There are also women in the Quiver movement, who have as many children as possible, because it’s their religious belief. Believe me, I’m not in a position to make fun of anyone else’s religious beliefs, but they seem less like mothers and more like insect queens. Those aren’t families; they’re colonies.
And you can’t tell me Jim Duggar isn’t a motherfucker.
Is it simply the inclusion of the word “fucker” in that particular compound word? Really, is “fuck” still THE bad word? Is it even a bad word at all? Do we still believe in the concept of “bad” words, as a society? It certainly seems like we’ve moved on since George Carlin first confronted us with the Seven Words You’ll Can’t Say on Television (which are now the words you almost always hear on television). I’m sure people are still offended by the word, “fuck,” but I’m not sure I understand why.
Our bad words are all political now. “Liberal” is a bad word. So is “Conservative.” You can’t say the words “Tea Party” anymore without starting an argument. It’s hard enough using the words “Left” and “Right.” You have to point to make sure others know you’re talking about directions, not ideological leanings. Once again, we’ve taken words and redefined their place within our language, and given them a moral value.
A moral value is a silly thing to give words.
Emotional depth? Yes. Do words have weight and power? Absolutely. You can destroy or empower a kid depending on which words you choose when you speak to him/her. But can words be good or bad? I don’t think so. Words are a tool. A misuse of words is like trying to open a can with a flat-head screwdriver. You might get the point across. You might also stab right through the palm of your hand. But those two options don’t negate the fact that you are using the tool incorrectly.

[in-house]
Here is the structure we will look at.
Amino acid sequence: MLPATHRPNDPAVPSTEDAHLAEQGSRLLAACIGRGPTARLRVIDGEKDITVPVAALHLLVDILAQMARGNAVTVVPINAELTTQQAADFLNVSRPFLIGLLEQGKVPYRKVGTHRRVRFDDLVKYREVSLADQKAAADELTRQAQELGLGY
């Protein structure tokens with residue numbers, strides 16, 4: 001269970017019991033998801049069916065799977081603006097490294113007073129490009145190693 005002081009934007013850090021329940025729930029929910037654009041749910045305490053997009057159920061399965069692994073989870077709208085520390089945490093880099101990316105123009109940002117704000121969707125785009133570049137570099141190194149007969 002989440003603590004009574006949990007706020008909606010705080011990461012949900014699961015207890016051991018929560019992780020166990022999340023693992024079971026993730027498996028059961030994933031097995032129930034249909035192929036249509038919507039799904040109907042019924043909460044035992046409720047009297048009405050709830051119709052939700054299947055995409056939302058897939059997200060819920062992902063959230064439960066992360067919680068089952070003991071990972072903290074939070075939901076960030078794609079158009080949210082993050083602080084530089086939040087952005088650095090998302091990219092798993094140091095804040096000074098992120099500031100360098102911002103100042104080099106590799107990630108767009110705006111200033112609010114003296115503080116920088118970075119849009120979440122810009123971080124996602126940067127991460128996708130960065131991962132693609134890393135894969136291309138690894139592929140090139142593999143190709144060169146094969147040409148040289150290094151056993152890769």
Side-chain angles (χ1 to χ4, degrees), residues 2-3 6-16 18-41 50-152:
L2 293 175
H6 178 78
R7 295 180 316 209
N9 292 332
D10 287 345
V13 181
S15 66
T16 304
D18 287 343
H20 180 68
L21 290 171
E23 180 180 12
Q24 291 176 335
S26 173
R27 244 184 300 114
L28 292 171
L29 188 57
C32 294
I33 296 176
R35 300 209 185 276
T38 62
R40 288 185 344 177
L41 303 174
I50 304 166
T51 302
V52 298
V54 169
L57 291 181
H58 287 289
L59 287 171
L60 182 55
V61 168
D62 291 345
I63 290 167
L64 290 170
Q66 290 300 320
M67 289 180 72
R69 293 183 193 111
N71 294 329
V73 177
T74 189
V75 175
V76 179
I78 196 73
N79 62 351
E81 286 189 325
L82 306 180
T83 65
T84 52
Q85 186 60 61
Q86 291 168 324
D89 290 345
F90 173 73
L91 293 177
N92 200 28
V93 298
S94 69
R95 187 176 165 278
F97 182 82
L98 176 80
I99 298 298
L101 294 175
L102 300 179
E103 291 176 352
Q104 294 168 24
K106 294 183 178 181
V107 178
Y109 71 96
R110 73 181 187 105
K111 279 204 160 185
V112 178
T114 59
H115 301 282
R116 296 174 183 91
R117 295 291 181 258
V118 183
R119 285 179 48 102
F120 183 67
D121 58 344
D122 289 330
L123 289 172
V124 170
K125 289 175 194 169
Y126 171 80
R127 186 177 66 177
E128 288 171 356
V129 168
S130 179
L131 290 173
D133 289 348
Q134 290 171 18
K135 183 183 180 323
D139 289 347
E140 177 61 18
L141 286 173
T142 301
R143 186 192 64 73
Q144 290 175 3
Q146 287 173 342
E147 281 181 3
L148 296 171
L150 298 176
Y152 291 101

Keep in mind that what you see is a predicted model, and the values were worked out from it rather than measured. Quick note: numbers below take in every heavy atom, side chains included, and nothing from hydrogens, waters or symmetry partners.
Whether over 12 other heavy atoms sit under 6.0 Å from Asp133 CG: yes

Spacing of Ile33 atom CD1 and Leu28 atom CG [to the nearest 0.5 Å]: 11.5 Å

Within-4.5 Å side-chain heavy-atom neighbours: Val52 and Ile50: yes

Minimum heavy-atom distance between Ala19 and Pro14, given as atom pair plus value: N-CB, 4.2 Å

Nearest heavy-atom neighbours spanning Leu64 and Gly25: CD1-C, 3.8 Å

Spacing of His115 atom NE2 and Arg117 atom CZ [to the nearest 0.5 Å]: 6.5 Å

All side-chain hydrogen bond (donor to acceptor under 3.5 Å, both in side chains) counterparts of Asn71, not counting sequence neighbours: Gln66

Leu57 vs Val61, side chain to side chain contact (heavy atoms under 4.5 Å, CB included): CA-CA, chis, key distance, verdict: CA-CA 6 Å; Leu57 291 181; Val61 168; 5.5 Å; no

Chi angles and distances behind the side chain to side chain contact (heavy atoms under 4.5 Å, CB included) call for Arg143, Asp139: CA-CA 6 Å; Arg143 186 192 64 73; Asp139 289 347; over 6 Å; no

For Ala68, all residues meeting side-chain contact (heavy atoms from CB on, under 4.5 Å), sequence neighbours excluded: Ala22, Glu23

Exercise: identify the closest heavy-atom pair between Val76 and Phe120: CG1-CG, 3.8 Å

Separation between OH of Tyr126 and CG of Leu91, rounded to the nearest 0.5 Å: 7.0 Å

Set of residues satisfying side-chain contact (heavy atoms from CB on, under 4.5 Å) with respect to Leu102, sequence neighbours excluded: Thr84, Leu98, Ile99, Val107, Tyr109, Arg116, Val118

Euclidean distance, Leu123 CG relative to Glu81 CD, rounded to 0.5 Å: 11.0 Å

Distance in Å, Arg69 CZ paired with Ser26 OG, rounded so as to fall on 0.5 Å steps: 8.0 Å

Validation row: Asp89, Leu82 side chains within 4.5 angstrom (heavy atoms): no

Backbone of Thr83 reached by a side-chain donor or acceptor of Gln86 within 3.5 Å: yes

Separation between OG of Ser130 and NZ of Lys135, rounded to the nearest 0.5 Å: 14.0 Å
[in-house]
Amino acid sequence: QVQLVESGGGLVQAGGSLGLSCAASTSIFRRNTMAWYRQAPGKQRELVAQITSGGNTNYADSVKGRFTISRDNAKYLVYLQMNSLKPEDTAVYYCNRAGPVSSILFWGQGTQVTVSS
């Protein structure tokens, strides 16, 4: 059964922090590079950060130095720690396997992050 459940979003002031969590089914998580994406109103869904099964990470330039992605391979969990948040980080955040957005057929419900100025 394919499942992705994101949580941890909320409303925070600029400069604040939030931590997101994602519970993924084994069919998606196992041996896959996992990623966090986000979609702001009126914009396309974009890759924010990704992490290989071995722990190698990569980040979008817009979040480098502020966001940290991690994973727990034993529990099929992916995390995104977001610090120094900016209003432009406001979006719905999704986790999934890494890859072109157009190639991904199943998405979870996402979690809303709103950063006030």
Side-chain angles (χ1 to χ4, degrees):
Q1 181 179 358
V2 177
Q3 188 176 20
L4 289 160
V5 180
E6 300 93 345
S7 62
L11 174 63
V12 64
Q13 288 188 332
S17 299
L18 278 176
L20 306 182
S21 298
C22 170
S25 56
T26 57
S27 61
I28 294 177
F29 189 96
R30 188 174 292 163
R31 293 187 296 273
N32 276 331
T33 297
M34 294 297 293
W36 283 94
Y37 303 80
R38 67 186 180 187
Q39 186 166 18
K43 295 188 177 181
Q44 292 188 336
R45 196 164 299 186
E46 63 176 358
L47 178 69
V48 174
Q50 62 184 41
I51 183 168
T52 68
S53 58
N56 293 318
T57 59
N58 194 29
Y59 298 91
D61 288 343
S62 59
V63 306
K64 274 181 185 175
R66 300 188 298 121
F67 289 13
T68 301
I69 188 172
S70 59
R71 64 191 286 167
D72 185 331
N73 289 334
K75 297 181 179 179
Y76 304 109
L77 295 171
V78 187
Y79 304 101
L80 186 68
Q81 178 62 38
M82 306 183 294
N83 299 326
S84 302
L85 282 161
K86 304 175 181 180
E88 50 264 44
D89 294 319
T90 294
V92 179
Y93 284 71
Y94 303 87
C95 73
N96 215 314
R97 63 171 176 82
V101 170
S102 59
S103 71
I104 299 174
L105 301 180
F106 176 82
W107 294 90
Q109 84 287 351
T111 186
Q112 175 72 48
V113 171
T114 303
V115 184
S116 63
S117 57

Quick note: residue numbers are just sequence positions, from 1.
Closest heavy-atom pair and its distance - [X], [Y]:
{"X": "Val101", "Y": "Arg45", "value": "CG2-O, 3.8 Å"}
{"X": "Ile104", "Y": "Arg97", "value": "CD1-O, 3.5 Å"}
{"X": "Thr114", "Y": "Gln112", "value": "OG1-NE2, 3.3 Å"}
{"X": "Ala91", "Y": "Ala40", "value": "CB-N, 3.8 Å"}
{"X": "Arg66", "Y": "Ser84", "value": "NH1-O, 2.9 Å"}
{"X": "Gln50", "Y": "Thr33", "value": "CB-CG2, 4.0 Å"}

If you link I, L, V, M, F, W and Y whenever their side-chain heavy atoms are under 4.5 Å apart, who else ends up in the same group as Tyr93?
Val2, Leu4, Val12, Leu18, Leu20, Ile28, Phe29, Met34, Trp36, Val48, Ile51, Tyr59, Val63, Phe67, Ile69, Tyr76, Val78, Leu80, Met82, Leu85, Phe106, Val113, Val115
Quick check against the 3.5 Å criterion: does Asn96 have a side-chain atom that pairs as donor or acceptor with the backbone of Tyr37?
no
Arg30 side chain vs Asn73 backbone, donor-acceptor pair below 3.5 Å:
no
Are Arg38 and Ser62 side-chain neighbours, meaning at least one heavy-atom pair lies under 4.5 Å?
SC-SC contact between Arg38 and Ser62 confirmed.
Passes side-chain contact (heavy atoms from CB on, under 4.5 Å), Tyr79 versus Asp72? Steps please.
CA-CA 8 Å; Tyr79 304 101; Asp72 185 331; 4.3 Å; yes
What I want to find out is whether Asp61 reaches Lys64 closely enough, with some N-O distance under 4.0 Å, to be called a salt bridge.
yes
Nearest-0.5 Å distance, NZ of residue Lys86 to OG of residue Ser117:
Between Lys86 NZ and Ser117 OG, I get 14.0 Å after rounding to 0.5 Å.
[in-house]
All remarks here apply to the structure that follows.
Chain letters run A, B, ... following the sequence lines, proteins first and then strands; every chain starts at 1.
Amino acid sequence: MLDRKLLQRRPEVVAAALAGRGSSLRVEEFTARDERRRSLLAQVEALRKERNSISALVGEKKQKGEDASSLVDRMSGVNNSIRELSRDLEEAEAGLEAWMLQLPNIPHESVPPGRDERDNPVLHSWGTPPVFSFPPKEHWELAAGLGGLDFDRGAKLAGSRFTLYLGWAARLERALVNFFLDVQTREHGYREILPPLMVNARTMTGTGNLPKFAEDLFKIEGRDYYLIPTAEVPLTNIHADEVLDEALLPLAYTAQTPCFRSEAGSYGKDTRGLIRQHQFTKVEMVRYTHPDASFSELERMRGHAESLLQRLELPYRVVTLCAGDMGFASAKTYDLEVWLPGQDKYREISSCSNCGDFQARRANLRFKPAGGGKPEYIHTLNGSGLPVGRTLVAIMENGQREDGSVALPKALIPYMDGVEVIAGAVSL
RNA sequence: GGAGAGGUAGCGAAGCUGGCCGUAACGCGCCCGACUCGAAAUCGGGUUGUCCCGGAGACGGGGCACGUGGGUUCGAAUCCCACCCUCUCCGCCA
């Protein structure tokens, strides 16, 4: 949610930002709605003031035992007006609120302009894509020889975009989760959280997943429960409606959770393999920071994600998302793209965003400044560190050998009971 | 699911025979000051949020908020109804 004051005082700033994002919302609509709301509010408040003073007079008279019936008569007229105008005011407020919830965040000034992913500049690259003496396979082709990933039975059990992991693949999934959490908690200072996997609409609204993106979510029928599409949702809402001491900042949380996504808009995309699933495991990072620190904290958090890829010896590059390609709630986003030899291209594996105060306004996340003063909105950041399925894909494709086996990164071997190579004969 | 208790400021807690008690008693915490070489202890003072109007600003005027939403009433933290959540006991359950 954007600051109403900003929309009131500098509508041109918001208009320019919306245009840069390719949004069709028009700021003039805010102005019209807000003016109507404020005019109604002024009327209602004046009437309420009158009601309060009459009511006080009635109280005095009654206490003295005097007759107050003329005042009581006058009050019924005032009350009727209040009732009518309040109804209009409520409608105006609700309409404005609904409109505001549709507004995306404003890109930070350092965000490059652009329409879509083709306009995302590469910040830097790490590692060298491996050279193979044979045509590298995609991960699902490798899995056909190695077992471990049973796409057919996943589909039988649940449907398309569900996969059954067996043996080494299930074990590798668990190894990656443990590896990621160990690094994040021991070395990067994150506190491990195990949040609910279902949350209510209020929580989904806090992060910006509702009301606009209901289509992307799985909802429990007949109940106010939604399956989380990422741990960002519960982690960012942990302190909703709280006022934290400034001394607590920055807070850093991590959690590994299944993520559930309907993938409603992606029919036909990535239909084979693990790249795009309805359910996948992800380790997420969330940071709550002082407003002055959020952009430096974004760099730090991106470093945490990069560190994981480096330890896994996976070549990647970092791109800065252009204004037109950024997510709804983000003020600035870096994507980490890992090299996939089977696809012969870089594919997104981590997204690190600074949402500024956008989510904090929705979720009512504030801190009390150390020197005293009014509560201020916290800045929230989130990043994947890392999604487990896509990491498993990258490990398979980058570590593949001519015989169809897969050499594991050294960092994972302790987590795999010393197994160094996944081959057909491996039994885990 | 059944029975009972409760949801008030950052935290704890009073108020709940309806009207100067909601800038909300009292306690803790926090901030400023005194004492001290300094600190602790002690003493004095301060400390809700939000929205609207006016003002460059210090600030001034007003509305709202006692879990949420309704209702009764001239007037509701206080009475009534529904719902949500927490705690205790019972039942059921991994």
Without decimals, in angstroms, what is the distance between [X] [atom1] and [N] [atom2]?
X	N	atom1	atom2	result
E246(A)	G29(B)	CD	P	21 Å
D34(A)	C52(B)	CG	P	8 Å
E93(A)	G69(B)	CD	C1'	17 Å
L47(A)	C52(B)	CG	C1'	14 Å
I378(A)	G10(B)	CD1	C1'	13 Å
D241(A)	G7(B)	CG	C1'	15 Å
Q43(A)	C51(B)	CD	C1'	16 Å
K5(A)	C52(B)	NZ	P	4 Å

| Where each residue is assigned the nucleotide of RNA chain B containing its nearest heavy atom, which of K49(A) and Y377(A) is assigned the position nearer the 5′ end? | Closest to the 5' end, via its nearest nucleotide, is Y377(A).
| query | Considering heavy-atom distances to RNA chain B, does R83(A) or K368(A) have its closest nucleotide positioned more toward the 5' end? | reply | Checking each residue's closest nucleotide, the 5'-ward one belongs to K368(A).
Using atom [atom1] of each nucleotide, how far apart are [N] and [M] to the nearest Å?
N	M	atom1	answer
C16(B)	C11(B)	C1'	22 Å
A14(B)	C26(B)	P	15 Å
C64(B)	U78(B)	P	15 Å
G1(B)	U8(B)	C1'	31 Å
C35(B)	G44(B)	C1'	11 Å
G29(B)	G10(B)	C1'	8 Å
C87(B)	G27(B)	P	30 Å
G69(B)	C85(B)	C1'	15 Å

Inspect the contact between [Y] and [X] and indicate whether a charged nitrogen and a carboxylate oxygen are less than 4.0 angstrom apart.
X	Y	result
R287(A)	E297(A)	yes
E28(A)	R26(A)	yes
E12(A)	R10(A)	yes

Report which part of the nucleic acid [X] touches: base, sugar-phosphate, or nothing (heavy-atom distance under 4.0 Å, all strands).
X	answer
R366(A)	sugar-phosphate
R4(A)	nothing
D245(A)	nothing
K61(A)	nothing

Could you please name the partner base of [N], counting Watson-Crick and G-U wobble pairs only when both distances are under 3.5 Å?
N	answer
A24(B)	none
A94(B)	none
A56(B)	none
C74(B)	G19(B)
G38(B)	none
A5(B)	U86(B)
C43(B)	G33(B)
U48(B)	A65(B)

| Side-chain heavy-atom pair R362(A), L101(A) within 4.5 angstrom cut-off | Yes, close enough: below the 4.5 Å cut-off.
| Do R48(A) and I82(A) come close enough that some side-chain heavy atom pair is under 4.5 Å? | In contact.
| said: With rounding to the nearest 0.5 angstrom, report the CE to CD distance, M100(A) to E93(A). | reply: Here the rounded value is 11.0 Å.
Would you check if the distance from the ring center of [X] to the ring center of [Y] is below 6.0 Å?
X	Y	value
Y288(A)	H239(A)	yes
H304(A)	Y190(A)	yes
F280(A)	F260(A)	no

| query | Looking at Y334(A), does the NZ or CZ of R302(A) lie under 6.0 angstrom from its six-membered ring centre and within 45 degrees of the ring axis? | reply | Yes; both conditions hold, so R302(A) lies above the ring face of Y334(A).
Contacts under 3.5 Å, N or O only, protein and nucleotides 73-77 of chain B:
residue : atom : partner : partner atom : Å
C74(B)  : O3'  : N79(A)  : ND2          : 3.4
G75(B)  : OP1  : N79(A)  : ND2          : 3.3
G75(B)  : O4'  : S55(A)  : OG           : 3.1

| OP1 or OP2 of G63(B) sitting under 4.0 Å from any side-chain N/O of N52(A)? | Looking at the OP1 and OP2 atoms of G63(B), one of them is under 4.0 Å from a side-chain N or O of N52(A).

The intention behind the word decides the effect of the word.
If you come at me with your fists raised and you call me a “motherfucker,” I can rightfully make the assumption that you are upset, and your intent for that word was to hurt me somehow (it doesn’t). If you are in my home, enjoying the company of my children and my hot wife, and you call me a “motherfucker,” I can take that as a term of good intention (e.g. “Look what you have accomplished simply by choosing to spawn; you are a motherfucker”). If you call me a “motherfucker” and you are Jim Morrison, then you should take a face from the Ancient Gallery and walk on down the hall. Also: stay out of Miami.
Maybe I take things too literally. When someone calls me a bastard, I laugh. I know both my parents. That statement is categorically untrue. Telling me to go to hell is like telling me to go to Narnia or Westeros. Calling me a motherfucker is just a true statement. It’s neither an insult nor a compliment (unless you are also complimenting my hot wife).
Got kids? You’re a motherfucker.
In a relationship with a woman who has children? You’re a motherfucker.
Your dad? He’s a motherfucker.
The world needs motherfuckers like me. Sorry if that offends you.